People seem to forget most of what they read, and they mostly don’t notice

It seems that most people can remember only a few high-level details of a book weeks later—if that. A typical reader might spend hours finishing some serious non-fiction—then maybe it comes up at a dinner party, and they find you can remember like three sentences. Basically no detailed recall. Barely the gist!

What’s more: people seem surprised when this happens. They seem to consistently overestimate how much they’re absorbing from a book.

I can’t find real empirical data on this question, so this is largely an anecdotal claim. Some light evidence in suggested by Amlund et al, who showed <50% free recall minutes later, even when readers knew it was a test.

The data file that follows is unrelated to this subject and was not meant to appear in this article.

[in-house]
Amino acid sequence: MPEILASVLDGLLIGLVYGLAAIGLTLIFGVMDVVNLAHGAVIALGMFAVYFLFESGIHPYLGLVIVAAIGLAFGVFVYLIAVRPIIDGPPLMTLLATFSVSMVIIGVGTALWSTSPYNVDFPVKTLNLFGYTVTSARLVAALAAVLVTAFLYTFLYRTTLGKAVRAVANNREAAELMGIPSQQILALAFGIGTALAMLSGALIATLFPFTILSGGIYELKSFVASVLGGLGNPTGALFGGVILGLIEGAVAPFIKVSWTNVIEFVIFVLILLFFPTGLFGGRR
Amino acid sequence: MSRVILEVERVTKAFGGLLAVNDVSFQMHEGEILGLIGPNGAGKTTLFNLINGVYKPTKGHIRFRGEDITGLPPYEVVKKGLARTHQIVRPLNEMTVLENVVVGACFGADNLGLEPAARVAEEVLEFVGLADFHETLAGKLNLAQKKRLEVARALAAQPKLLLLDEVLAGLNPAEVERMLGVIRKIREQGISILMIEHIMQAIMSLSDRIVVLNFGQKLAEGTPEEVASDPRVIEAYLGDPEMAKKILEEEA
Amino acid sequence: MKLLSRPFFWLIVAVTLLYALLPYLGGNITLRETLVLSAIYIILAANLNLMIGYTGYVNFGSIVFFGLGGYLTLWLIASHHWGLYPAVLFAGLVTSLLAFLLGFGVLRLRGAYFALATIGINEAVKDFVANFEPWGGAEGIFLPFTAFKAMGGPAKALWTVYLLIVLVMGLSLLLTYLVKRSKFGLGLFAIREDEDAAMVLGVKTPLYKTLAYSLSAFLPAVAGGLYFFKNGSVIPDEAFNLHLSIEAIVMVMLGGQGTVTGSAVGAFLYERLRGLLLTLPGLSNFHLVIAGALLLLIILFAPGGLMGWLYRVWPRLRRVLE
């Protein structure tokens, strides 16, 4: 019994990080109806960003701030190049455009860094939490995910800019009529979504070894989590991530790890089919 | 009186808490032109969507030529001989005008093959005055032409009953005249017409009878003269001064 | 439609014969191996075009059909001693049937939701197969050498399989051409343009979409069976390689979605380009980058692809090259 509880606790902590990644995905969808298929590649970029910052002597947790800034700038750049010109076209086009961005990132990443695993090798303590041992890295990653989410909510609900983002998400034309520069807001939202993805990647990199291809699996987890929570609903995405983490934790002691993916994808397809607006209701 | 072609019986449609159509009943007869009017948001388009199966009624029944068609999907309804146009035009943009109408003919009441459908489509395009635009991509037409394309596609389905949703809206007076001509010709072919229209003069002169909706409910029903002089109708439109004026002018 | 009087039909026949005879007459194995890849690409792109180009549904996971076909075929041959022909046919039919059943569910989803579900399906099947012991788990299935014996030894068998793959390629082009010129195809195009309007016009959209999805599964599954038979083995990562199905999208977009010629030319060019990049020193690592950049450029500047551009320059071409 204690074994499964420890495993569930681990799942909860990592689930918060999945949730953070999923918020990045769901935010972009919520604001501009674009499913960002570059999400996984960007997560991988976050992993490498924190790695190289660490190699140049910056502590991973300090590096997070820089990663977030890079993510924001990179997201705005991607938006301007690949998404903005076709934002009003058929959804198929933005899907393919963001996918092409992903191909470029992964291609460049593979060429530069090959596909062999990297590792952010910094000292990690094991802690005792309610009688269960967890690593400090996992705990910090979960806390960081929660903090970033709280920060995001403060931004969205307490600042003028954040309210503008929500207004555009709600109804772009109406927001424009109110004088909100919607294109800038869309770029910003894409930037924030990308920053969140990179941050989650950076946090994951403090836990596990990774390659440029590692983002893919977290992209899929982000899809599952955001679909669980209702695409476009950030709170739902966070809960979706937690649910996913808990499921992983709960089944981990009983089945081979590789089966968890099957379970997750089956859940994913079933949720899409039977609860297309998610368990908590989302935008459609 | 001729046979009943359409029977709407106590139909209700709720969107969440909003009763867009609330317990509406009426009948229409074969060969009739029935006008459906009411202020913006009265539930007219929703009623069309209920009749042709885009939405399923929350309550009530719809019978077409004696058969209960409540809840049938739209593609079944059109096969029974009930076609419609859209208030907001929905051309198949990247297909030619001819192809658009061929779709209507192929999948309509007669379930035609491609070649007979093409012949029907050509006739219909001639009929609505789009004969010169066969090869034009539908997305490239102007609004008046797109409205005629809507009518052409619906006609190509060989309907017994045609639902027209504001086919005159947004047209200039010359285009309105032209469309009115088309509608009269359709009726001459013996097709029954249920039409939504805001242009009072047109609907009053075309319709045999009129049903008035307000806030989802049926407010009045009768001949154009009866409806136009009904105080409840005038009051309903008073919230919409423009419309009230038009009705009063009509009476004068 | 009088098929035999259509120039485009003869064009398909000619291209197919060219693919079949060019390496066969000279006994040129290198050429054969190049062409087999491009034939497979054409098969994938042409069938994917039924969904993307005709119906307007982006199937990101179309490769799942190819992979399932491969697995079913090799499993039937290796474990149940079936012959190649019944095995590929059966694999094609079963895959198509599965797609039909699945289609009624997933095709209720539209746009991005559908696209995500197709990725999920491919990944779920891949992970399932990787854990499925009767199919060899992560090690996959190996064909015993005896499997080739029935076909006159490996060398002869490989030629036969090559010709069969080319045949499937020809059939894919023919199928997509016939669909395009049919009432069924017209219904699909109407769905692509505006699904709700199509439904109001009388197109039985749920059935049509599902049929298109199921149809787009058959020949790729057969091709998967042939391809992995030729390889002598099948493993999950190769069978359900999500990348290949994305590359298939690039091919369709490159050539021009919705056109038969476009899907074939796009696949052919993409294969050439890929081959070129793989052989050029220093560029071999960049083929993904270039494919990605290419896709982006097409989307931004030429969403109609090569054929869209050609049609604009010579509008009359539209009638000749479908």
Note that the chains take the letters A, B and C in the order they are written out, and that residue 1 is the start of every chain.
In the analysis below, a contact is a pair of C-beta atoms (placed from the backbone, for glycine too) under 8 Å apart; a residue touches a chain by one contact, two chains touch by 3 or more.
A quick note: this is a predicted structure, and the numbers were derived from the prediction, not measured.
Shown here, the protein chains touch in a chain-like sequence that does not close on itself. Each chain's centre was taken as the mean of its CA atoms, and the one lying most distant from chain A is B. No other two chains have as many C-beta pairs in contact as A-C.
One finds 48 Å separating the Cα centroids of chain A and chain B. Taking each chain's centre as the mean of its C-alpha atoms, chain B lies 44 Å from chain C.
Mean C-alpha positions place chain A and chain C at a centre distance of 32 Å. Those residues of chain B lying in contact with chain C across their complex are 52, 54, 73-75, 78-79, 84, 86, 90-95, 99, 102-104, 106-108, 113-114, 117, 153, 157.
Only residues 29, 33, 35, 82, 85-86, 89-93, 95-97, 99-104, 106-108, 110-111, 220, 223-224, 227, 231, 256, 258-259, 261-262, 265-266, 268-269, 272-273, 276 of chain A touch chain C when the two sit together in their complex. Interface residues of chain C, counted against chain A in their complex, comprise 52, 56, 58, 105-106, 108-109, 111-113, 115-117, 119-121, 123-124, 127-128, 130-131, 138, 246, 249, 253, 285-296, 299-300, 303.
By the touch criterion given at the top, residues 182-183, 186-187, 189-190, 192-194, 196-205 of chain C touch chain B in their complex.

This observation is unfortunate for many reasons, but among them: Conceptual understanding is unlikely without detailed knowledge of fundamentals and Complex ideas may be hard to learn in part because their components overflow working memory.


Amlund, J. T., Kardash, C. A. M., & Kulhavy, R. W. (1986). Repetitive Reading and Recall of Expository Text. Reading Research Quarterly, 21(1), 49.

Matuschak, A. (2019). Why books don’t work. Retrieved from